Ranj Pillai speaks to media about business relief programs in Whitehorse on April 1, 2020. The Yukon government announced Feb.25 that it will extend business support programs until September. (Crystal Schick/Yukon News)
Government extends business relief programs to September, launches new loan

“It really gives folks some help with supporting their business with cash flow.”

Whitehorse City Hall. (Joel Krahn/Yukon News file)
A look at decisions made by Whitehorse City Council this week

Bylaw amendment Whitehorse city council is moving closer with changes to a… Continue reading

Susie Rogan is a veteran musher with 14 years of racing experience and Yukon Journey organizer. (Yukon Journey Facebook)
Yukon Journey mushers begin 255-mile race

Eleven mushers are participating in the race from Pelly Crossing to Whitehorse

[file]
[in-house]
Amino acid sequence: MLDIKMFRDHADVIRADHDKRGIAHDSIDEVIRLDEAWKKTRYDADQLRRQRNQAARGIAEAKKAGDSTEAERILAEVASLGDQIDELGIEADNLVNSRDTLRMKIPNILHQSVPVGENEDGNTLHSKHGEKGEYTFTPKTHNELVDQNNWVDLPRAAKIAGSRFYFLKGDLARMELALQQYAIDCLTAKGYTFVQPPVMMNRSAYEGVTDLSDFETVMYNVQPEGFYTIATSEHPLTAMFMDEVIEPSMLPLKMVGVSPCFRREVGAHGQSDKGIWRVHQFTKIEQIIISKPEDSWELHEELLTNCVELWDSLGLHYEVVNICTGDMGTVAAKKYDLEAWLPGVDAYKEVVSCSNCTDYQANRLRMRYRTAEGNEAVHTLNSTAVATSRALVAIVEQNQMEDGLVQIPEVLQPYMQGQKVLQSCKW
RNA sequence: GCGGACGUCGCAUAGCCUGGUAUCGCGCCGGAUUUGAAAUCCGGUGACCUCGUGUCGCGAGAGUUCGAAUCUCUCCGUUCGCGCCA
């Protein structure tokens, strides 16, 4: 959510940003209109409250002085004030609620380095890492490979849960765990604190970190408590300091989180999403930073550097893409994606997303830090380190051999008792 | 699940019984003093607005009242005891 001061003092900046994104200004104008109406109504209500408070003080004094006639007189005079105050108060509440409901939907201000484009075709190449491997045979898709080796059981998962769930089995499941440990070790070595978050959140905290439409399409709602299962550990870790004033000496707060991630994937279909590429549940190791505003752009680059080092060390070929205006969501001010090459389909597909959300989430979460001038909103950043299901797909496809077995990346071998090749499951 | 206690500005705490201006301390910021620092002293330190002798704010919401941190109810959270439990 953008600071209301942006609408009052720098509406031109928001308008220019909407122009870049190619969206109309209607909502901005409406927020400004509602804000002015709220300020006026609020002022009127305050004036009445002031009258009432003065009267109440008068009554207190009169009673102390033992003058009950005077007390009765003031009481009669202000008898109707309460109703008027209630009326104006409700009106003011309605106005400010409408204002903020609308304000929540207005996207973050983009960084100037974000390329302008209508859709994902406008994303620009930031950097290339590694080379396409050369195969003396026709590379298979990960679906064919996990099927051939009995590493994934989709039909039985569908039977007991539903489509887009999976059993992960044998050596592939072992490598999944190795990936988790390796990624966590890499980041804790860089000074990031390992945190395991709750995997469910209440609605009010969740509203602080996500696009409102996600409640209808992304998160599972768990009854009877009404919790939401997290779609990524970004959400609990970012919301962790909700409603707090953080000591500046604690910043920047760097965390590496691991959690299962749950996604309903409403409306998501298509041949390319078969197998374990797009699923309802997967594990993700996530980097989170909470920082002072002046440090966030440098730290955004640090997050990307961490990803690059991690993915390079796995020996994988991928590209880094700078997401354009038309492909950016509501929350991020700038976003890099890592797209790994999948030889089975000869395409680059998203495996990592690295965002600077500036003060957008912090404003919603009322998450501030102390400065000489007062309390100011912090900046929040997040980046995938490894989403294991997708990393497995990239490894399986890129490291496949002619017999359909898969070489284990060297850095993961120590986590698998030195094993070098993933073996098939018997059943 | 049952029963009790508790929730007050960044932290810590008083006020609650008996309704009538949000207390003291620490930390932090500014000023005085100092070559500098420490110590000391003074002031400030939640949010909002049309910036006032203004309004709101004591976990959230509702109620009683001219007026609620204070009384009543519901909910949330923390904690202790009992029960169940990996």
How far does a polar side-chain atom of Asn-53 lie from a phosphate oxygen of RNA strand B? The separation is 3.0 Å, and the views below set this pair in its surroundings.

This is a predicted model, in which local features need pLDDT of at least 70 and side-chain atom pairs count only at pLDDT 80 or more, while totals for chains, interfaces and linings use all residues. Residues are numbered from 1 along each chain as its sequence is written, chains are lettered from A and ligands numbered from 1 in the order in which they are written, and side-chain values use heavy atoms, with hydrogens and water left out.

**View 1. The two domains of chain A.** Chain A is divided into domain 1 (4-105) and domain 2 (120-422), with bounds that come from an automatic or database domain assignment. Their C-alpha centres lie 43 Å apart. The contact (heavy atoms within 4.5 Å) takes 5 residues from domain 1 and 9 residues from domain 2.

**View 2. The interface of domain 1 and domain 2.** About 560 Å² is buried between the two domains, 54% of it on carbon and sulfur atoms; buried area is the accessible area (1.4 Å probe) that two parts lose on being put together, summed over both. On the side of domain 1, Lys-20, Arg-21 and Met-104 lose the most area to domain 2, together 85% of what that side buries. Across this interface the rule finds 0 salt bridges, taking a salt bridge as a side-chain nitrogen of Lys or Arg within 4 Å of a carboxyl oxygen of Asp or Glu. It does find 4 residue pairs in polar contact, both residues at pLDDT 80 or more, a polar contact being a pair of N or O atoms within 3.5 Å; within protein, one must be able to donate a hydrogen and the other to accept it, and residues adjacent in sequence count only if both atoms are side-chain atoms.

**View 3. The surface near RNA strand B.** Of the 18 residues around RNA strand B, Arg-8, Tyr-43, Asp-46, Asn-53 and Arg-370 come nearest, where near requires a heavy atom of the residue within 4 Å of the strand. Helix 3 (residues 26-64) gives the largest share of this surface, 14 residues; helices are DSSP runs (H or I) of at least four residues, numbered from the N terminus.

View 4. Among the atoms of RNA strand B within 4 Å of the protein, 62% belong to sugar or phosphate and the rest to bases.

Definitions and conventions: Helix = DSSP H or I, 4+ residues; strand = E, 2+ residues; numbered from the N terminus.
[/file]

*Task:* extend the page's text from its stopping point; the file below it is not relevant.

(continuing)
Legislative assembly on the last day of the fall sitting in Whitehorse on Nov. 22, 2018. As the legislature prepares to return on March 4, the three parties are continuing to finalize candidates in the territory’s 19 ridings. (Crystal Schick/Yukon News file)
Nine new candidates confirmed in Yukon ridings

It has been a busy two weeks as the parties try to firm up candidates

David Malcolm, 40, has been charged with assaulting and attempting to disarm a police officer after an incident in Whitehorse on Feb. 18. (Phil McLachlan/Capital News)
Man resists arrest, assaults officer

A Whitehorse man has been charged with assaulting and attempting to disarm… Continue reading

Yukon Energy in Whitehorse on Aug. 4, 2020. A site on Robert Service Way near the Alaska Highway has been selected as the future home of Yukon Energy’s energy storage project. (Crystal Schick/Yukon News file)
Site selected for Yukon Energy battery project

Planned to be in service by the end of 2022

Most Read